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Gum Disease's Impact On Your Overall Health

by 6monthsmiles, on 1/10/17 2:18 PM

Gum disease is a subtle condition that develops slowly and quietly, deceiving many concerning the serious risks it poses. These risks don't just cover dental health. New research reveals that gum disease is a dangerous catalyst to many other health conditions. Gum disease is often over-simplified as just minor gum irritation or soreness.  Unfortunately, misconceptions such as this allow gum disease to progress to extremely dangerous levels.  Take steps to increase your own awareness on how gum diseases such as gingivitis and periodontitis put your health at risk. 

Gum disease and overall health

Tooth Loss and Decay

The first and most obvious risk gum disease presents centers around your dental health.  When plaque and bacteria are allowed to continually grow, the gums become inflamed and sensitive.  They bleed easily and even gentle teeth brushing can be agonizing.  If not treated, gingivitis progresses into periodontitis where the gums begin to pull away from the teeth and form open pockets primed for further irritation and infection.  Periodontitis puts the body's immune system at risk as it continually battles against bacteria and constant infections.  These battles affect the connective tissue and bone structure of the mouth. As periodontitis progresses, bone tissue in the jaw is destroyed and and the teeth become loose, decayed, and eventually fall out.  Research from the National Institute of Dental and Craniofacial Research reveals that periodontitis is the leading cause of adult tooth loss.


The connection between diabetes and gum disease goes both ways.  Diabetes is associated with a weakened immune system. This leaves the body far more open to potential infections. This weakened immunity is the perfect breeding ground for bacteria growth and infection within the gums.  Those with both diabetes and periodontitis often experience more complications and difficulty in managing their health. This vicious cycle also reveals the increased risk of developing diabetes for those who suffer periodontitis. The American Diabetes Association reports that the inflammation from gum disease can lead to chronic hyperglycemia, a key aspect in insulin deficiency and insulin resistance. 

Heart Disease 

Although not every aspect of the cause-and-effect relationship between periodontitis and heart disease has been established, research is pointing toward strong ties between these diseases. Studies have revealed that those with periodontitis are approximately 30% more likely to suffer a heart attack.  Also, those with periodontitis were up to 72% more likely to develop a coronary heart disease compared to those with good dental health. These statistics reveal just how vital good gum and dental health is to vascular health.  Not only does gum disease increase the risk of heart conditions, it also plays a role in greater complications for those who already suffer from a heart or vascular condition.  The bacteria and inflammation from gum disease infiltrates the blood stream and worsens already damaged portions of the heart or vascular system.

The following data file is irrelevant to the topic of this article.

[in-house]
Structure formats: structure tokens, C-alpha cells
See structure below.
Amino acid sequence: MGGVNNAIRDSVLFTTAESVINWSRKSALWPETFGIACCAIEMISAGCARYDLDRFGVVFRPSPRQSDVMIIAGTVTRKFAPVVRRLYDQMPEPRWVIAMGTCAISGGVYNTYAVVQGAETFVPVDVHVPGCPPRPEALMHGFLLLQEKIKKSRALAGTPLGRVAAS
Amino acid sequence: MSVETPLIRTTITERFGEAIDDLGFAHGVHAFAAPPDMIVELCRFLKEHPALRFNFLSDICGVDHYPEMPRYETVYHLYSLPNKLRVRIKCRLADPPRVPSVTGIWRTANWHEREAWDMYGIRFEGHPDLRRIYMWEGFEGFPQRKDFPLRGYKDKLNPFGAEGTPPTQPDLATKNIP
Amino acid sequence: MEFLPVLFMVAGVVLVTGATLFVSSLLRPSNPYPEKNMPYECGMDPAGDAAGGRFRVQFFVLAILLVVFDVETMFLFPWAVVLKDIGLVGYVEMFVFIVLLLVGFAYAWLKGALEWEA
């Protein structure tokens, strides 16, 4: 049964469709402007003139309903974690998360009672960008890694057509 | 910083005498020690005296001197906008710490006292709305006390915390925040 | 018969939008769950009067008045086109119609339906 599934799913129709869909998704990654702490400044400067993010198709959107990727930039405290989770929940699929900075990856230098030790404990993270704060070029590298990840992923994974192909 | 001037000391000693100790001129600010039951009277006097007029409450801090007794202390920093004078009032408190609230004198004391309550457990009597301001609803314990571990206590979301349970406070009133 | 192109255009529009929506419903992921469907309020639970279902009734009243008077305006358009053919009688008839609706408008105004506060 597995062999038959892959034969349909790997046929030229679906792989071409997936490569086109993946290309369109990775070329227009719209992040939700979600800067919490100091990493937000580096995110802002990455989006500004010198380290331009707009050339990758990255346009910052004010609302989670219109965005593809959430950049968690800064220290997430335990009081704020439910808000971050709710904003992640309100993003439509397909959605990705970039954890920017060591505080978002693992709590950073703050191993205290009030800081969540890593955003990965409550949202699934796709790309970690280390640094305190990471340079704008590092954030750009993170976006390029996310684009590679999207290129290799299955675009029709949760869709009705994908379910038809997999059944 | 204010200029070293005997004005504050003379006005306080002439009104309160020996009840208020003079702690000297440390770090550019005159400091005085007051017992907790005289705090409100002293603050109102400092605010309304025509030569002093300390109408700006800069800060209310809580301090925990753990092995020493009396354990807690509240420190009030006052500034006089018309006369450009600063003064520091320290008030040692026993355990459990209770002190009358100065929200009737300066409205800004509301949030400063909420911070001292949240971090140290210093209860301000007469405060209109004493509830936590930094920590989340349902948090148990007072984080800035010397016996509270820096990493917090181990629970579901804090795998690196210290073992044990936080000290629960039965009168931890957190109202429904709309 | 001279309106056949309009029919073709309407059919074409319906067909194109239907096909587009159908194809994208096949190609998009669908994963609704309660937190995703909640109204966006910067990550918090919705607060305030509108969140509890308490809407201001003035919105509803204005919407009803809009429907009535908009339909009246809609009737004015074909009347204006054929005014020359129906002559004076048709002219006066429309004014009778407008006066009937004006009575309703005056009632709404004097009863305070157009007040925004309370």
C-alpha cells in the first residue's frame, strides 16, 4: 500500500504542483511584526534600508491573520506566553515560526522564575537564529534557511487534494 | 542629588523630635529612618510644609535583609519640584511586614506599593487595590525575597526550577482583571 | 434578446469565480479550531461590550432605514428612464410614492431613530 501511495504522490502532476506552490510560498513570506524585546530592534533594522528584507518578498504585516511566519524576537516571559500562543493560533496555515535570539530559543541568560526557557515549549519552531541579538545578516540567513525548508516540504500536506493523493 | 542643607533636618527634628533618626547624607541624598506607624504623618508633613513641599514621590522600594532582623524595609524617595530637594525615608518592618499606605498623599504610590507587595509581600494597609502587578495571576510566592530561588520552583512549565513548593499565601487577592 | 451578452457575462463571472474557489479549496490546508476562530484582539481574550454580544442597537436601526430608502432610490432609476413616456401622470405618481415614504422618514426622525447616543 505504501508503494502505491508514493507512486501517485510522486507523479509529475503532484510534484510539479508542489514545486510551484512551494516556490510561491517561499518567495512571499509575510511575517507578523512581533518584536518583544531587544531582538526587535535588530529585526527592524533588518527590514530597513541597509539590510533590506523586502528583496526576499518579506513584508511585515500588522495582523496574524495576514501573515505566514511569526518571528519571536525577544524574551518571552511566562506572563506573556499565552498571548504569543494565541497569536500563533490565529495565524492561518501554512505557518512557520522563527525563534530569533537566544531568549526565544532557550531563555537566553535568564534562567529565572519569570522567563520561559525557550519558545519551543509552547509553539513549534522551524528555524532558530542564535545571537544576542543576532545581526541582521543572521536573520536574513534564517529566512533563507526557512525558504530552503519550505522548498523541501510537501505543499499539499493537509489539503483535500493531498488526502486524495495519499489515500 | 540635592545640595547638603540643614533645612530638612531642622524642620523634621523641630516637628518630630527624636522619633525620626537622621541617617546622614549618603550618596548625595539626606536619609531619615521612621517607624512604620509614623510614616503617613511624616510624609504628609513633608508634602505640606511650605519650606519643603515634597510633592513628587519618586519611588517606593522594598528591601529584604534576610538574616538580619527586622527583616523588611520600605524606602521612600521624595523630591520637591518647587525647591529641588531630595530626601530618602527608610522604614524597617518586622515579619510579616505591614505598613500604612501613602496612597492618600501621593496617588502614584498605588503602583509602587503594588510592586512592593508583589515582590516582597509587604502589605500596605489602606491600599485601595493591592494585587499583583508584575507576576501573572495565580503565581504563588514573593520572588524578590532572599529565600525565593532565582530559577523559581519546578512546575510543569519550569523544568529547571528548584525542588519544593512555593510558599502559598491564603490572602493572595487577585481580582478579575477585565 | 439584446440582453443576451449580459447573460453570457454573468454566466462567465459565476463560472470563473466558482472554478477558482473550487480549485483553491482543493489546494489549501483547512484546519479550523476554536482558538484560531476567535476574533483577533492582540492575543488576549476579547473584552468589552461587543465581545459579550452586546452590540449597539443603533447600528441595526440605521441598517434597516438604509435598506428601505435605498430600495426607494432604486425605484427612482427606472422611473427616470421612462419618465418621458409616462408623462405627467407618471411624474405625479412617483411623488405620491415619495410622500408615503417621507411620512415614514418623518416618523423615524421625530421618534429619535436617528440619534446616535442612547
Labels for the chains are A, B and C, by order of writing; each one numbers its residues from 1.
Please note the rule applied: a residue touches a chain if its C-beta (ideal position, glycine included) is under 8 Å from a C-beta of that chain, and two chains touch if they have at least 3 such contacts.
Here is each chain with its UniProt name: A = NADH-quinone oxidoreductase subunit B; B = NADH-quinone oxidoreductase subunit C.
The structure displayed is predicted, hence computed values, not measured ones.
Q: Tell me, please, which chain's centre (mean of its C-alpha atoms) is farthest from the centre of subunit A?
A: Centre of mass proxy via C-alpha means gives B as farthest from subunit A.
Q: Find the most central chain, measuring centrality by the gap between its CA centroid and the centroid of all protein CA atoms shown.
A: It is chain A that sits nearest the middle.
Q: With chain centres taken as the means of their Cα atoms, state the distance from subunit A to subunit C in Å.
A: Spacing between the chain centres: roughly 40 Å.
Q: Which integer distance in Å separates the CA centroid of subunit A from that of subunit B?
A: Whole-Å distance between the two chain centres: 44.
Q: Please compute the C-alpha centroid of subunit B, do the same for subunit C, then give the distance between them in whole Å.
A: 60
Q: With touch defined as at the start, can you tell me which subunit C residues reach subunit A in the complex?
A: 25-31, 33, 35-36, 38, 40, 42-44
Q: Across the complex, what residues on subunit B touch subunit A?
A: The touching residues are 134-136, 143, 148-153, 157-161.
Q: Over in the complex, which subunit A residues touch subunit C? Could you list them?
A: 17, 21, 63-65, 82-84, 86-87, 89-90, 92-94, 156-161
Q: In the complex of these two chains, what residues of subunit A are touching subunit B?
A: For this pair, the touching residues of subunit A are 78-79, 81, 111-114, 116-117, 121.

Cancer is often considered one of the most frightening health conditions a person may face.  Causes and risks for this disease are not always well-known or obvious.  Unfortunately, this is true for the increased risk periodontitis presents for oral, upper GI, and gastric cancers.

  • Oral Cancers

Studies have shown that patients with severe gum disease are far more likely to develop oral tumors and precancerous lesions.  This is due to the chronic inflammation and infections that assault the mouth.  The longer this disease progresses, the greater the risks become.

  • Upper GI and Gastric Cancers

A Japanese study concluded that the risk of developing a GI cancer increased 2-fold for those who lost 10 or more teeth. The cancer risk further increased for every new tooth these patients lost.  Although not every study has reached this same conclusion of the connection between periodontitis and cancers, the potential risk is significant enough. 


 The Centers for Disease Control and Prevention report that approximately 47.2% of adults suffer from some level of gum disease.  As a person ages, the statics only increase.  70.1% of adults 65 years or older suffer from periodontal disease.  With gum disease reaching epidemic-like proportions, awareness of this condition has never been more important. By learning the signs and symptoms and understanding the increased health risks it brings, we can better protect not only our mouths but our entire body from this dangerous condition. 


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